As of July 2022, Google is no longer offering free unlimited storage to educational institutions. With the added costs for data storage, institutions have been asking themselves what may be the most efficient ways to store data without increasing costs significantly. However, this begs the question for all people living in today’s digitalized world. Should we be more careful about data and what we keep? What are the consequences of keeping all our data? What are the benefits to keeping data? Is it useful? Or is most data being stored for no reason?
[For this article I will refer/define data as any stored information on a computer]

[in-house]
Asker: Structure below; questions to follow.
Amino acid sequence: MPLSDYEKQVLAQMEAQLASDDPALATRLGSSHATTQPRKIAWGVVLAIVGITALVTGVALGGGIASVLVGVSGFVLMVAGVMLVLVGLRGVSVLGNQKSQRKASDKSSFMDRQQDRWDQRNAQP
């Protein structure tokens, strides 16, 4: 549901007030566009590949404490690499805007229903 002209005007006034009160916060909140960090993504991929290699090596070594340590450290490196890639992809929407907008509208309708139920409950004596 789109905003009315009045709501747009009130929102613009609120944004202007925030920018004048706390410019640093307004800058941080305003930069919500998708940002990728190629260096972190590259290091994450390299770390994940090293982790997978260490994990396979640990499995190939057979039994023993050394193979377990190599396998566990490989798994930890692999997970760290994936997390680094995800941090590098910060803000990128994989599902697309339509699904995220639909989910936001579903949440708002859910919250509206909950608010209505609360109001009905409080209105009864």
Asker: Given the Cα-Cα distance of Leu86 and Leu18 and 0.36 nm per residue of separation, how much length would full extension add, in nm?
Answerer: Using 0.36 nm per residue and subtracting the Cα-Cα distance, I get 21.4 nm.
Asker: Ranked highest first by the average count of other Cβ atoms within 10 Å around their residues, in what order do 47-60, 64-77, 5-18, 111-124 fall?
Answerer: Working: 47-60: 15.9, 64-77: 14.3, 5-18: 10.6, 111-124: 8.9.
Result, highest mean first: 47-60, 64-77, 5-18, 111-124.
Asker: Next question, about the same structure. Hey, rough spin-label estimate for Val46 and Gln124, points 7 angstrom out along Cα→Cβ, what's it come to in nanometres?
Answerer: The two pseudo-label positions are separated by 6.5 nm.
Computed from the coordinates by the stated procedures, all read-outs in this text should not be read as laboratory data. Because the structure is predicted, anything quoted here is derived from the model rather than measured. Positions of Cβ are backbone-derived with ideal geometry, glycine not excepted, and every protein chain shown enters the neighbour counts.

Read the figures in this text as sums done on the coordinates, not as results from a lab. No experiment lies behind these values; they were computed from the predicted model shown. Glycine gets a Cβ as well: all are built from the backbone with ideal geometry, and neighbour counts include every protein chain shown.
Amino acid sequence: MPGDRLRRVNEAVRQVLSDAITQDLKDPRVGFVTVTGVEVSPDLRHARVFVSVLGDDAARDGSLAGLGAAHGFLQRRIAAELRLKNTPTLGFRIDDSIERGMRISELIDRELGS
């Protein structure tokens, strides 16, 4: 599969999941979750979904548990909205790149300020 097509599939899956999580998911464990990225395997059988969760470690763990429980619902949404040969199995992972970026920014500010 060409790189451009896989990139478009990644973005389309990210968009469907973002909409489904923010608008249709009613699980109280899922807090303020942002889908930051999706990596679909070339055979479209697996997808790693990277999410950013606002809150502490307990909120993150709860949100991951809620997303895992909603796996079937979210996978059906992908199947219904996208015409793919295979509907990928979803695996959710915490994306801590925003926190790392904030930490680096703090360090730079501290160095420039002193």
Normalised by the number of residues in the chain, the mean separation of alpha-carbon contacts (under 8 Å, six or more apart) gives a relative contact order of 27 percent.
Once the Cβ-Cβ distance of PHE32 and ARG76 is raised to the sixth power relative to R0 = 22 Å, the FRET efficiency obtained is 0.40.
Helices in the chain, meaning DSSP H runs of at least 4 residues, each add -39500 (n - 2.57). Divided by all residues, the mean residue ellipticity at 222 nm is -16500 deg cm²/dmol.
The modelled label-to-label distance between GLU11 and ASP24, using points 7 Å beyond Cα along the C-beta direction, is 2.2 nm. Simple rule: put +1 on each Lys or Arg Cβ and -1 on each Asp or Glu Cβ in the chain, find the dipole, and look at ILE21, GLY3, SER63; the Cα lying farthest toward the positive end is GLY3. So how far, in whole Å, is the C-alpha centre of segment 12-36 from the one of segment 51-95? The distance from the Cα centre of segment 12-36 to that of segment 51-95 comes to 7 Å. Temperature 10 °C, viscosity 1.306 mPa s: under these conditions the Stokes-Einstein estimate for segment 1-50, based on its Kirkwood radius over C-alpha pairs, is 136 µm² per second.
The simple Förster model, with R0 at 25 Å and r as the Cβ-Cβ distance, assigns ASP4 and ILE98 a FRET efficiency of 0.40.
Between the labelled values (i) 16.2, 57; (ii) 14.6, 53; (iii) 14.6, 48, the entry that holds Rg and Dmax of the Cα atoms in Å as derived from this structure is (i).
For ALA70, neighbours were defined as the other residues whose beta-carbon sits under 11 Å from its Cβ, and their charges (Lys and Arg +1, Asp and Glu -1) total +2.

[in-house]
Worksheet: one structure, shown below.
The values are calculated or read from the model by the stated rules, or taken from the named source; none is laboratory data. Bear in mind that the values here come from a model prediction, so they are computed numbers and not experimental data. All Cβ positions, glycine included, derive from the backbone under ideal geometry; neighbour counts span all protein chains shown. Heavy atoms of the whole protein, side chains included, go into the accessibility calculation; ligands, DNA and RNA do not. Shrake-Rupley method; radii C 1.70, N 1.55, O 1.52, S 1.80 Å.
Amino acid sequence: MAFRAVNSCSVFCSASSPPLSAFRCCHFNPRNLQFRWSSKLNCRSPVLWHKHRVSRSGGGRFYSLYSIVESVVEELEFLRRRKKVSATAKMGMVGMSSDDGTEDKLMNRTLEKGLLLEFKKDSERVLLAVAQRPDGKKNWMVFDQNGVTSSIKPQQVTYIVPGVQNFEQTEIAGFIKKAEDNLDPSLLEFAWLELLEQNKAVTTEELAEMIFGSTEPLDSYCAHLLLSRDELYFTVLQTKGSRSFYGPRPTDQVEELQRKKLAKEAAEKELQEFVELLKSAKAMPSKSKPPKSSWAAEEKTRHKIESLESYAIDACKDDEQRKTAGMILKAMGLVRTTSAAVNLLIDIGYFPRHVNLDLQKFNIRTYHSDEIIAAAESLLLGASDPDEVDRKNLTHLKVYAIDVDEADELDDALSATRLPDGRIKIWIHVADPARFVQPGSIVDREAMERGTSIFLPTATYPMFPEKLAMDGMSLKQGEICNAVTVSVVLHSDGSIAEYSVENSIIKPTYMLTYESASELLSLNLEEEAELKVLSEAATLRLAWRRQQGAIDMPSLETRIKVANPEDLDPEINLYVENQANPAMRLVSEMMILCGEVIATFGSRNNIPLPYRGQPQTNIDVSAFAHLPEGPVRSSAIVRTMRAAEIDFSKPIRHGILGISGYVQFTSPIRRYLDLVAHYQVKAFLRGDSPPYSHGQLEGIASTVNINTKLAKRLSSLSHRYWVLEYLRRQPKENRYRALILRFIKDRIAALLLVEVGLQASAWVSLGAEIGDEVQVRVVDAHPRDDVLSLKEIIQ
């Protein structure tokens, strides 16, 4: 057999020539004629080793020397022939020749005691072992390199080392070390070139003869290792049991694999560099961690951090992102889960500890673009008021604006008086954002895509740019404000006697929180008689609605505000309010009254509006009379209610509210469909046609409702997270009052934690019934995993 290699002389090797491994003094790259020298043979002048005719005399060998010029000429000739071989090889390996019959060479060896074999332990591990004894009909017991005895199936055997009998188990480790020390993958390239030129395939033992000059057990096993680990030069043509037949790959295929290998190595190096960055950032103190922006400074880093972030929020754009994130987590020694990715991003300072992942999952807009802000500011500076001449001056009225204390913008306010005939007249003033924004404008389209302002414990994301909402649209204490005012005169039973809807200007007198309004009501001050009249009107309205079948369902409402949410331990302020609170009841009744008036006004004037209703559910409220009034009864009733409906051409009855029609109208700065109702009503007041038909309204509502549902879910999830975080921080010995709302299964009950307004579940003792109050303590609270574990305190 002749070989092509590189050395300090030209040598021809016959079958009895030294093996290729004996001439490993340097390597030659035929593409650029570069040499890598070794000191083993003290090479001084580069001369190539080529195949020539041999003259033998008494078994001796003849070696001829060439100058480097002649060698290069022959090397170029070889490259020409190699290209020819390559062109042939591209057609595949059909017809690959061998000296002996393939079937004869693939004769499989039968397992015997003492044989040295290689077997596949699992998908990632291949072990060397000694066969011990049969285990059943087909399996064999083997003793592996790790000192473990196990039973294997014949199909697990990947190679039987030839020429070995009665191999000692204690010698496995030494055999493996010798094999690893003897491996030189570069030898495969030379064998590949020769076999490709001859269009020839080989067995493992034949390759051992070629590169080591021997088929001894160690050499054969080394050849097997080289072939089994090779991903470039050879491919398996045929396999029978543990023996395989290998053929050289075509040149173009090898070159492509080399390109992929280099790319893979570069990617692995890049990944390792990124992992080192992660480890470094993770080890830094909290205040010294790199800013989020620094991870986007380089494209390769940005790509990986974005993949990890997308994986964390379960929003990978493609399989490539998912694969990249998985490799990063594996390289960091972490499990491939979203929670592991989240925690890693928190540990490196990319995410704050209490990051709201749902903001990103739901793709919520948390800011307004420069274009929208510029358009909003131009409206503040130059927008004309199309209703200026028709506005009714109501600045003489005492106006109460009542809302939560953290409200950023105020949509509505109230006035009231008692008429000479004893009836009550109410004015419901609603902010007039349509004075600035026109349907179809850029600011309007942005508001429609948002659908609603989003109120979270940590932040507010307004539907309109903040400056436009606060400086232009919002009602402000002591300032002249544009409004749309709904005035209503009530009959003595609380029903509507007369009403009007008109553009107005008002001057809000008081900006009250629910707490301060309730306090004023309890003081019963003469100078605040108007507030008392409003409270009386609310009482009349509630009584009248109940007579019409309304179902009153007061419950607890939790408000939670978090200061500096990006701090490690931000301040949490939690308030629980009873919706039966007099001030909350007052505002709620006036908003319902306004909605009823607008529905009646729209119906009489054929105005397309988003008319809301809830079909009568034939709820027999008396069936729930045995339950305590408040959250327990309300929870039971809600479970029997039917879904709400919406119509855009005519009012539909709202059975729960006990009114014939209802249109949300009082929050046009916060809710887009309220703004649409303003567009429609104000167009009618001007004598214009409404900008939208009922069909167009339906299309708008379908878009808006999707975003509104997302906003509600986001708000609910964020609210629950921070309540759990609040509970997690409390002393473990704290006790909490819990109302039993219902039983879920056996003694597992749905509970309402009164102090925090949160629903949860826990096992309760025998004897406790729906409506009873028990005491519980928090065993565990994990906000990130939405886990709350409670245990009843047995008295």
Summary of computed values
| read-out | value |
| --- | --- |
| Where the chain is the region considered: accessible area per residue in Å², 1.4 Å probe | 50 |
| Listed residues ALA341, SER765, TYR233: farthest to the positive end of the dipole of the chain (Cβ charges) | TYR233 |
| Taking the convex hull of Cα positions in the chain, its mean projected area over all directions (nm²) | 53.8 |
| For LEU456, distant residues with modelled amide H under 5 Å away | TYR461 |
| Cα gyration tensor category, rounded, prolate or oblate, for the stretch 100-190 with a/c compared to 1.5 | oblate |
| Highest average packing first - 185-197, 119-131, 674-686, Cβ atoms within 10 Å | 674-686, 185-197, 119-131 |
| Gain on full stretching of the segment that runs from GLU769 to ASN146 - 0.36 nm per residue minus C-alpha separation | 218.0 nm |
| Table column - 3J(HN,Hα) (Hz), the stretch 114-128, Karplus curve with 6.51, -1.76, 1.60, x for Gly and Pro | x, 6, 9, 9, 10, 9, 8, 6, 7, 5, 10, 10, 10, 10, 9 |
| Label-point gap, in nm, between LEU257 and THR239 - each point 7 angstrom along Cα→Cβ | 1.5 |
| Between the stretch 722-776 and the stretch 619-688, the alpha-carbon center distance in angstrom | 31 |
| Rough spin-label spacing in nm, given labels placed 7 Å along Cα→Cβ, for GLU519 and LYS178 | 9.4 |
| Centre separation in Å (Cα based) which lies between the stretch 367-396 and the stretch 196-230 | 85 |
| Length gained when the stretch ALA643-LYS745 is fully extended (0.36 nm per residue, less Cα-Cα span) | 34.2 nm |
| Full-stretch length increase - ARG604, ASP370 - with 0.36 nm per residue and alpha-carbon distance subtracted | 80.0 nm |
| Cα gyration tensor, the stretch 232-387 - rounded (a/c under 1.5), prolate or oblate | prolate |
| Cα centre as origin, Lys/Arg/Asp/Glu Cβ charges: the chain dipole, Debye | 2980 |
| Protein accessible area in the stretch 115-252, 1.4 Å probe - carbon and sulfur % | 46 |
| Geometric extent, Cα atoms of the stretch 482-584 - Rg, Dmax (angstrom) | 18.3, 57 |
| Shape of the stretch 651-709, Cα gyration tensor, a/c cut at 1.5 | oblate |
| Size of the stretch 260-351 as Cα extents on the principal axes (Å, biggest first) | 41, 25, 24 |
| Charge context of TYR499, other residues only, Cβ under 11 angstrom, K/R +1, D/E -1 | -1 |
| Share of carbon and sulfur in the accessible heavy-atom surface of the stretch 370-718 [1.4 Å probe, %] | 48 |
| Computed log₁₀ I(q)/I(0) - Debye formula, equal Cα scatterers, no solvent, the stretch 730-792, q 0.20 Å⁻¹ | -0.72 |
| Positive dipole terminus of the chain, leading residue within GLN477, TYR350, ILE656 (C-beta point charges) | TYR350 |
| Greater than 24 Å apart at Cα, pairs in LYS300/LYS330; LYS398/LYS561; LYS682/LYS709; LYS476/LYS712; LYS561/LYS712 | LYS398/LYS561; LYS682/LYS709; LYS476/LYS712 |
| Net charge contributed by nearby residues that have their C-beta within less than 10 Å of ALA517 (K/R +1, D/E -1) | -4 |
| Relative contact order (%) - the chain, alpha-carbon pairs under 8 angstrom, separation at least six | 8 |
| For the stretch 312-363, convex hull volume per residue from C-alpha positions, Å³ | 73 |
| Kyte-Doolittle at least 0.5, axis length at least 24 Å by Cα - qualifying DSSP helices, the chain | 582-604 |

To understand this problem more easily, we can look at a smaller example, the storage of my iphone! As a young college student, I am always downloading movies, music, and photos onto my iphone. In addition, I am a mobile game addict when it comes to games like Candy Crush and Clash of Clans. Over the summer I had a grave problem. I wanted to download a new fun game but it required around two gigabytes of storage and I only had 1.5 gigabytes remaining. I had some options; I could buy more iCloud storage from Apple at a premium or I could delete stored stuff I don’t use or need (e.g. videos or all my texts that were over a year old), or I could move some stuff off my phone to another storage location. I ultimately decided that I would not get the game because I was not willing to pay extra, delete my photos and messages, or sort out where else I could put stuff. Still, I learned about which types of files took up most of my storage space (video and apps) and which types of data were most important to me (memories of my friends and family).